Suspected U.S. unmanned aircraft fired six missiles at a vehicle in Pakistan's tribal region near the Afghan border Sunday, killing six alleged militants, Pakistani intelligence officials said.
The high number of missiles used in the attack in the Datta Khel area of North Waziristan seemed to indicate an important militant was targeted. But the identities of those killed were as yet unknown, said the officials, speaking on condition of anonymity because they were not authorized to talk to the media.
Datta Khel is an important base for militants from the Afghan and Pakistani Taliban and also from al-Qaida. The U.S. has carried out many strikes in the area in the past, although Washington refuses to acknowledge the CIA-run drone program in Pakistan publicly.
A house was also partly destroyed in Sunday's attack, said the intelligence officials. It was unclear whether any of the six suspected militants who were killed were in the house at the time, or all in the vehicle.
The U.S. has pushed Pakistan to target militants based in North Waziristan who stage cross-border attacks against American troops in Afghanistan. Washington has particularly focused on the Haqqani network, which it deems the most dangerous threat in Afghanistan.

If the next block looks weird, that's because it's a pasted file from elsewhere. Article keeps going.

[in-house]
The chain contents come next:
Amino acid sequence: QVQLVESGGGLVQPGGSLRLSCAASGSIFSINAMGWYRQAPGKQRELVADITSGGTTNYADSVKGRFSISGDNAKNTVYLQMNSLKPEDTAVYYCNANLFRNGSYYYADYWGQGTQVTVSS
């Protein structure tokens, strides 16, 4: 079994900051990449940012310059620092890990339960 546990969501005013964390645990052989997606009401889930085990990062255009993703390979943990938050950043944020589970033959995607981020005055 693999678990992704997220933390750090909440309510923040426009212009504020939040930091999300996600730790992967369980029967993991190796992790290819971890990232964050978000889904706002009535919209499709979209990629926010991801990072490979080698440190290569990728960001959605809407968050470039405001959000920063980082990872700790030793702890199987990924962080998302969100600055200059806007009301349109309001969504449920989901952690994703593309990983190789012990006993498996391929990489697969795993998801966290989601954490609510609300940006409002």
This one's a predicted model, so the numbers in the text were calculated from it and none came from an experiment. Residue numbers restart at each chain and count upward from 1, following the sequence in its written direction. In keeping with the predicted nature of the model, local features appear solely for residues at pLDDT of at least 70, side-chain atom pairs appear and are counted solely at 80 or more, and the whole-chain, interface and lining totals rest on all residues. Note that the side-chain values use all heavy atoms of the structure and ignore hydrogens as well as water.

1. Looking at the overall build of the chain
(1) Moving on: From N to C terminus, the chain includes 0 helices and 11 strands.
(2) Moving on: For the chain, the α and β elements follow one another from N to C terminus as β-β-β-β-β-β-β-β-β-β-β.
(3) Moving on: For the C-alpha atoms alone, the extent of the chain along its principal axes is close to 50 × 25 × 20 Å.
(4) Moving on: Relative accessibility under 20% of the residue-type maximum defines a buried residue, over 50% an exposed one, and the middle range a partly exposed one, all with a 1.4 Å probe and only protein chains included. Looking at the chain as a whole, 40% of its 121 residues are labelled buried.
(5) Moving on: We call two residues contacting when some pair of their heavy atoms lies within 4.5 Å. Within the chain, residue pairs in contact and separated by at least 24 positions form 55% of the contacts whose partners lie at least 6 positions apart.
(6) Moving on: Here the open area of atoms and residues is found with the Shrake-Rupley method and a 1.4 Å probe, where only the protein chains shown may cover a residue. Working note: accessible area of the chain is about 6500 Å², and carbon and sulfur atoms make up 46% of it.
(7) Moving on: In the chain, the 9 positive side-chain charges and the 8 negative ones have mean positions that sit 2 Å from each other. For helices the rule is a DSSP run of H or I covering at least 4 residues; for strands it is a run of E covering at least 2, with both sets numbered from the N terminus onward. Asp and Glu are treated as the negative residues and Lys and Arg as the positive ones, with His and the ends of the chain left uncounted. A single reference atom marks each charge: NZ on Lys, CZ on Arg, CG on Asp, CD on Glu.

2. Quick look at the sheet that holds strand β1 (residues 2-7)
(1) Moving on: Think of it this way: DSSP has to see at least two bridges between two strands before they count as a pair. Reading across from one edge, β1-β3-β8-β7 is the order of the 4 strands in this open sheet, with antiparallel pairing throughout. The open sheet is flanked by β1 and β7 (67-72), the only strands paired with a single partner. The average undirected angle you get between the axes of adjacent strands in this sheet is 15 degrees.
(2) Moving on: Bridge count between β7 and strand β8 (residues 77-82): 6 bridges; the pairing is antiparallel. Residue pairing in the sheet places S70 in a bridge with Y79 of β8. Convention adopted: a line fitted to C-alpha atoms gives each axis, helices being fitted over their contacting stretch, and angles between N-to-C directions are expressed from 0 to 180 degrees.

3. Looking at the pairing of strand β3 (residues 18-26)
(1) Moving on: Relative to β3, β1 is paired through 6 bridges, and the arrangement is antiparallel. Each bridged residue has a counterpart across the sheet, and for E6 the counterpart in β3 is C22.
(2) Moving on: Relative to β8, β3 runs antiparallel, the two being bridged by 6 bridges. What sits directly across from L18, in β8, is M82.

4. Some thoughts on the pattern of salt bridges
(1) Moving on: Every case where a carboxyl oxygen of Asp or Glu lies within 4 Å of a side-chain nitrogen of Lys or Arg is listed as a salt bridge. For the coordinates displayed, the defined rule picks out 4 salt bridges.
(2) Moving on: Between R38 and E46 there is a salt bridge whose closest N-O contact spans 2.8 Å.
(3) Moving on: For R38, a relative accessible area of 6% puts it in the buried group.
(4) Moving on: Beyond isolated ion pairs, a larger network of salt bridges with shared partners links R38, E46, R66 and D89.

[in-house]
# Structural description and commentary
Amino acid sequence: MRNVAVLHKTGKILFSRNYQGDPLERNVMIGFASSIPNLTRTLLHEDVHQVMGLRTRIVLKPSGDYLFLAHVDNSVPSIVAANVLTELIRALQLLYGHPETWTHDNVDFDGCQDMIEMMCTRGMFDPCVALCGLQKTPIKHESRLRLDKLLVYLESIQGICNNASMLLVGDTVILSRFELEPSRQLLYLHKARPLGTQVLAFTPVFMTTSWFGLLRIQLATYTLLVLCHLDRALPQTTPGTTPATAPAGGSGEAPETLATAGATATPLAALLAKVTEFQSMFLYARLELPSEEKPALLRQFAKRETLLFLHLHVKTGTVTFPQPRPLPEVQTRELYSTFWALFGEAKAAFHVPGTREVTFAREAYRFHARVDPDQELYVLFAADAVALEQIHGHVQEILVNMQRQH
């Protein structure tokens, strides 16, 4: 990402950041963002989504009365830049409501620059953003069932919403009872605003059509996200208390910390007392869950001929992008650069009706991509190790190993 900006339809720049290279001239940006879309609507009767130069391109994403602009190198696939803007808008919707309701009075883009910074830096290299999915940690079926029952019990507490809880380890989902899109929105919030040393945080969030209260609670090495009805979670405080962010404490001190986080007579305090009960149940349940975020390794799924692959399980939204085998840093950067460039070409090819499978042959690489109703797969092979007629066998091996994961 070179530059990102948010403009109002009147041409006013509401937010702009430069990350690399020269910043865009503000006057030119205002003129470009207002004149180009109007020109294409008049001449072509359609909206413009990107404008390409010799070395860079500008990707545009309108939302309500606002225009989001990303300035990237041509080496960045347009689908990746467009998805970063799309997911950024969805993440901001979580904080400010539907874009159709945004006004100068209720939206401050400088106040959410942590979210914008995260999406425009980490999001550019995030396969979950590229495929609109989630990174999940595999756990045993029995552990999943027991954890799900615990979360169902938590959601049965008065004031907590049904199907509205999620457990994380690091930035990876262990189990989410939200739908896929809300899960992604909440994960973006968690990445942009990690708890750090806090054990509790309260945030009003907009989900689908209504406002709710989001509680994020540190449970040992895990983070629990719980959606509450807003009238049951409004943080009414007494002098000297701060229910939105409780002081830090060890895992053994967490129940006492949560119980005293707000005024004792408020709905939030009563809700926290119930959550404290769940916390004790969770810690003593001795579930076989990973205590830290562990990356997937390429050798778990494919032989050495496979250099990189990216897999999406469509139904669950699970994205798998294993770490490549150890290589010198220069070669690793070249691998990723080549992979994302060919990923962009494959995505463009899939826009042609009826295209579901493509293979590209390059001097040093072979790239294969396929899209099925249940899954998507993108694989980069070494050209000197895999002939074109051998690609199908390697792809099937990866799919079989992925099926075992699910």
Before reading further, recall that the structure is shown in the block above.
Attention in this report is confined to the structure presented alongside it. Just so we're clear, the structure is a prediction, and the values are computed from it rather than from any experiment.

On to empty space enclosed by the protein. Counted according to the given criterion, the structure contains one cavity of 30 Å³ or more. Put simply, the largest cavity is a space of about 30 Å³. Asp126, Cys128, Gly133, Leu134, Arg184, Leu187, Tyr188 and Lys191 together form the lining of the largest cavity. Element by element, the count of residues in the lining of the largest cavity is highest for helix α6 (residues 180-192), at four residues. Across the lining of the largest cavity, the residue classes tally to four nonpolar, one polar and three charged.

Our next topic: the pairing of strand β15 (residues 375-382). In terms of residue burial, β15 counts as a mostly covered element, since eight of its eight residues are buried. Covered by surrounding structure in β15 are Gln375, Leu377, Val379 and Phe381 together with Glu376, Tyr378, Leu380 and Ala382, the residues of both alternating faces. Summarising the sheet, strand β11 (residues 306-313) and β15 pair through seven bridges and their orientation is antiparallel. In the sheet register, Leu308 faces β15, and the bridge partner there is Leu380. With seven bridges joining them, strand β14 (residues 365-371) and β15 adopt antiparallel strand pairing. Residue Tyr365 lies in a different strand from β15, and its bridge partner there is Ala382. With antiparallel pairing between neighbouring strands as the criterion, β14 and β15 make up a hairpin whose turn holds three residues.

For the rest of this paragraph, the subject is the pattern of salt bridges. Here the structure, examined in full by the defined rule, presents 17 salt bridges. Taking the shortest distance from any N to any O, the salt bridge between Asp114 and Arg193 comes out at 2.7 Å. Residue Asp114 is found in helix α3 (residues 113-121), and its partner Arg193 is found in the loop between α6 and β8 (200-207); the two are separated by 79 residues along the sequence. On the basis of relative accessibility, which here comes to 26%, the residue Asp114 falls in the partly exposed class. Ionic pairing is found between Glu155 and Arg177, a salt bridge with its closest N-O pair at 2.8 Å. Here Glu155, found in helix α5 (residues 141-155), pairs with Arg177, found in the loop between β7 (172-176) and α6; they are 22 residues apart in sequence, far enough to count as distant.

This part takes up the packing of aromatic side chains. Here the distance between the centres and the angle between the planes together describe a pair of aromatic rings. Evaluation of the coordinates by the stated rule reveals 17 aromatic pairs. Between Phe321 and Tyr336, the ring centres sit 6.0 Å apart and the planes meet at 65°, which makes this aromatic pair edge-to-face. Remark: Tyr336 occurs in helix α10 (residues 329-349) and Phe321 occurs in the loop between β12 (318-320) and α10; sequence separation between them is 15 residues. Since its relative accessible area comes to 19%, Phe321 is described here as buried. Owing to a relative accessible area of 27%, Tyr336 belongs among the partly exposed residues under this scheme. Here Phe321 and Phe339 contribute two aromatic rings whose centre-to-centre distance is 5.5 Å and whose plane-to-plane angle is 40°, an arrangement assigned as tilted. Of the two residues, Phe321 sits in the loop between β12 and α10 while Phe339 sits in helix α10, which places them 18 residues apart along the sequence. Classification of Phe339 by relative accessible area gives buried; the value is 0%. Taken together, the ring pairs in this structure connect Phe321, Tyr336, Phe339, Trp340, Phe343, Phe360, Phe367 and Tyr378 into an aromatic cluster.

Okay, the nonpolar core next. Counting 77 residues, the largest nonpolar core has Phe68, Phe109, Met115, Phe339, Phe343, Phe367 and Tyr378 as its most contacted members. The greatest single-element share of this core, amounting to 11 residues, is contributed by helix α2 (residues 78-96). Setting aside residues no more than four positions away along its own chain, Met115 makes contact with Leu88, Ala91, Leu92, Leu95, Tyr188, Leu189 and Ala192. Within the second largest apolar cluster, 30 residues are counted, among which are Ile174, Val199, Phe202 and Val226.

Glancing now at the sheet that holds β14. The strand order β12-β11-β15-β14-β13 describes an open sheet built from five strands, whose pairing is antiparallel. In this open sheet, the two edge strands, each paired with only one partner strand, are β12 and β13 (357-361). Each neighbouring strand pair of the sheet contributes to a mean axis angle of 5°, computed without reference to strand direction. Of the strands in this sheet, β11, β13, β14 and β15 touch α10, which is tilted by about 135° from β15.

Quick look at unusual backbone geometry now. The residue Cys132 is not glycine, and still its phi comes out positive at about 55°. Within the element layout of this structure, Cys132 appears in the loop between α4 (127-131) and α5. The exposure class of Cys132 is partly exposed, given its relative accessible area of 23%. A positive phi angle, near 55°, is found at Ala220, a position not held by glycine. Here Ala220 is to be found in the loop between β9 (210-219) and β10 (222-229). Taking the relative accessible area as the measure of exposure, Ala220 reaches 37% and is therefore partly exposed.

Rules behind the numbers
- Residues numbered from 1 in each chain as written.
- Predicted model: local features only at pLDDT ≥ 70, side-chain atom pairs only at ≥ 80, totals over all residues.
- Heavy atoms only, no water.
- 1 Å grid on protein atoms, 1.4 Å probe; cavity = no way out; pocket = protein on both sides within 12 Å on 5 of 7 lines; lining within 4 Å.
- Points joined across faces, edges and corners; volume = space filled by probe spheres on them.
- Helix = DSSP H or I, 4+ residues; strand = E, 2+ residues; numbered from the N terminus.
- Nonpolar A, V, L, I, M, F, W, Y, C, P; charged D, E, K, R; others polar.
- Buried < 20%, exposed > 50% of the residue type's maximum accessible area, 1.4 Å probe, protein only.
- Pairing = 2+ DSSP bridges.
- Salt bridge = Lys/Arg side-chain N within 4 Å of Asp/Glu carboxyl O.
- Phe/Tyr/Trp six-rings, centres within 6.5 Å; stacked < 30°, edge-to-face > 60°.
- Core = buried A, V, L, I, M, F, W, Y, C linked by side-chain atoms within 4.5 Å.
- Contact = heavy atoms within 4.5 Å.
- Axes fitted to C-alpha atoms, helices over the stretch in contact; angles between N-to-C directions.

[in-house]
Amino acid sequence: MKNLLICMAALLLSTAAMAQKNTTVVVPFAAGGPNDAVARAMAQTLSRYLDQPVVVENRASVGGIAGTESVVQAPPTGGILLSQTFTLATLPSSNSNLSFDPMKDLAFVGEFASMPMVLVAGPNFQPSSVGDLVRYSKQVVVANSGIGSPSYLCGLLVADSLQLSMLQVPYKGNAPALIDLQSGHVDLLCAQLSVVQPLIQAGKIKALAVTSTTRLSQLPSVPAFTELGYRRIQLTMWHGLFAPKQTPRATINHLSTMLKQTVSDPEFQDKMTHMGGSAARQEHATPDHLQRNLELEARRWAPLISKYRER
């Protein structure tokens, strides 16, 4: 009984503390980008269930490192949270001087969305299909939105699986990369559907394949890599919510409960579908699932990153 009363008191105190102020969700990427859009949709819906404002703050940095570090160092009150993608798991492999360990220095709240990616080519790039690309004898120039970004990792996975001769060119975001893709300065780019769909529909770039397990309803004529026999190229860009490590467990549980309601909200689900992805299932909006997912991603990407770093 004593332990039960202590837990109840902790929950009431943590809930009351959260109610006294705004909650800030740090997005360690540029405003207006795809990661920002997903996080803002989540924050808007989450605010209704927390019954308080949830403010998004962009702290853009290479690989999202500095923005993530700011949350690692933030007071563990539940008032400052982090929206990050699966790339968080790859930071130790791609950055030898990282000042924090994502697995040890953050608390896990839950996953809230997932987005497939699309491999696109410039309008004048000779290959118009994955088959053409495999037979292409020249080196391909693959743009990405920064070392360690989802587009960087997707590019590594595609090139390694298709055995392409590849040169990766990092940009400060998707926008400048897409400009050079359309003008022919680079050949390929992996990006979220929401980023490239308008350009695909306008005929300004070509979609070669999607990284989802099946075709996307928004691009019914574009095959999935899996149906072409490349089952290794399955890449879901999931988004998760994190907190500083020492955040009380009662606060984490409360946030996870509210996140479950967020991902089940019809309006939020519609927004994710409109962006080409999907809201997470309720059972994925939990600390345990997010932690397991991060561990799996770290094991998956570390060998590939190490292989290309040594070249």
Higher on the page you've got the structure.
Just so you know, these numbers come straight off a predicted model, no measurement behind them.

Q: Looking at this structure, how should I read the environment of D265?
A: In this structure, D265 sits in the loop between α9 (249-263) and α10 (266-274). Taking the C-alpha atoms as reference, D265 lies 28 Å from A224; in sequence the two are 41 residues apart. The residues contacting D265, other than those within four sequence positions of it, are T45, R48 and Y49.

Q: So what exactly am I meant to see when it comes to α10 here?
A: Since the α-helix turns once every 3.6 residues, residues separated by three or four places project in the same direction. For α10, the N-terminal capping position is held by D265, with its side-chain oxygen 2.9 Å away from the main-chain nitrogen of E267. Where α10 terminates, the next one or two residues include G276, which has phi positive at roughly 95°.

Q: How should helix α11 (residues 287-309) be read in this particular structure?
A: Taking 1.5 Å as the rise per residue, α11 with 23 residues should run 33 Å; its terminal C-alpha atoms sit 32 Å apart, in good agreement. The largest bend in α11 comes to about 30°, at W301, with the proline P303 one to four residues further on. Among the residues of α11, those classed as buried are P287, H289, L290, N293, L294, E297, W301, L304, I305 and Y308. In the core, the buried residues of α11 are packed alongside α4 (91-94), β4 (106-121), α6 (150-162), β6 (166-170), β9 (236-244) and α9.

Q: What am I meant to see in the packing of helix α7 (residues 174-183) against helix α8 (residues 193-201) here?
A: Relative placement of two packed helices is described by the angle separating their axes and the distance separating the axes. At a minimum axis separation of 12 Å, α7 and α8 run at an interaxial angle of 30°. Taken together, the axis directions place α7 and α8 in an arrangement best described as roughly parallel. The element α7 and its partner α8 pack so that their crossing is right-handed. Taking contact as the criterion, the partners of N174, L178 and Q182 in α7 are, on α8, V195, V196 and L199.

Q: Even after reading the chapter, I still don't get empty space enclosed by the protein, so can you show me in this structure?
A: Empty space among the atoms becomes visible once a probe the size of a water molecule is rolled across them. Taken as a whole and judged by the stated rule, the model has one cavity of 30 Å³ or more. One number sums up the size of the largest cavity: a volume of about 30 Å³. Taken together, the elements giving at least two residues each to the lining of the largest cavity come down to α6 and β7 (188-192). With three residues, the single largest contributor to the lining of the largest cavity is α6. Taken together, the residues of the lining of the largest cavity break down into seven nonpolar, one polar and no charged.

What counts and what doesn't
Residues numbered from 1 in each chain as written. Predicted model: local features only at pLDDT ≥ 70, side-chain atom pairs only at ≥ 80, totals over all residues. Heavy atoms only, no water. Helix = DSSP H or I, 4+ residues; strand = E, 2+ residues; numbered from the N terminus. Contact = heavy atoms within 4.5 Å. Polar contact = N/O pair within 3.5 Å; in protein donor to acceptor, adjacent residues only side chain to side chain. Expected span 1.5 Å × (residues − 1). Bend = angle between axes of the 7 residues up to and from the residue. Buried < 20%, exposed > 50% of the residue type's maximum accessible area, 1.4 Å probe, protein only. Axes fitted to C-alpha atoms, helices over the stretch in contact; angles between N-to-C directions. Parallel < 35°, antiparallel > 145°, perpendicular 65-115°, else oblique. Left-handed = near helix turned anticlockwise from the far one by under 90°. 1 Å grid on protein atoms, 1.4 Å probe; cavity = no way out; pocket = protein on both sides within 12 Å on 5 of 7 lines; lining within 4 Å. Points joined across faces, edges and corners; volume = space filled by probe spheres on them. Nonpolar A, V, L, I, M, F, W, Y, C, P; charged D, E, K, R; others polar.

The Pakistani military has refused, saying its troops are stretched too thin by operations in other parts of the tribal region against the Pakistani branch of Taliban, which poses a direct threat to the state. The Afghan Taliban and their allies, like the Haqqani network, have focused their attacks in Afghanistan and are seen by Islamabad as less of a threat.
Many analysts also believe Pakistan wants to preserve long-standing ties with these groups because they could be important allies in Afghanistan after foreign forces withdraw.
Given Pakistan's resistance, the U.S. has significantly stepped up the number of drone strikes in North Waziristan and other parts of the tribal region since President Barack Obama took office.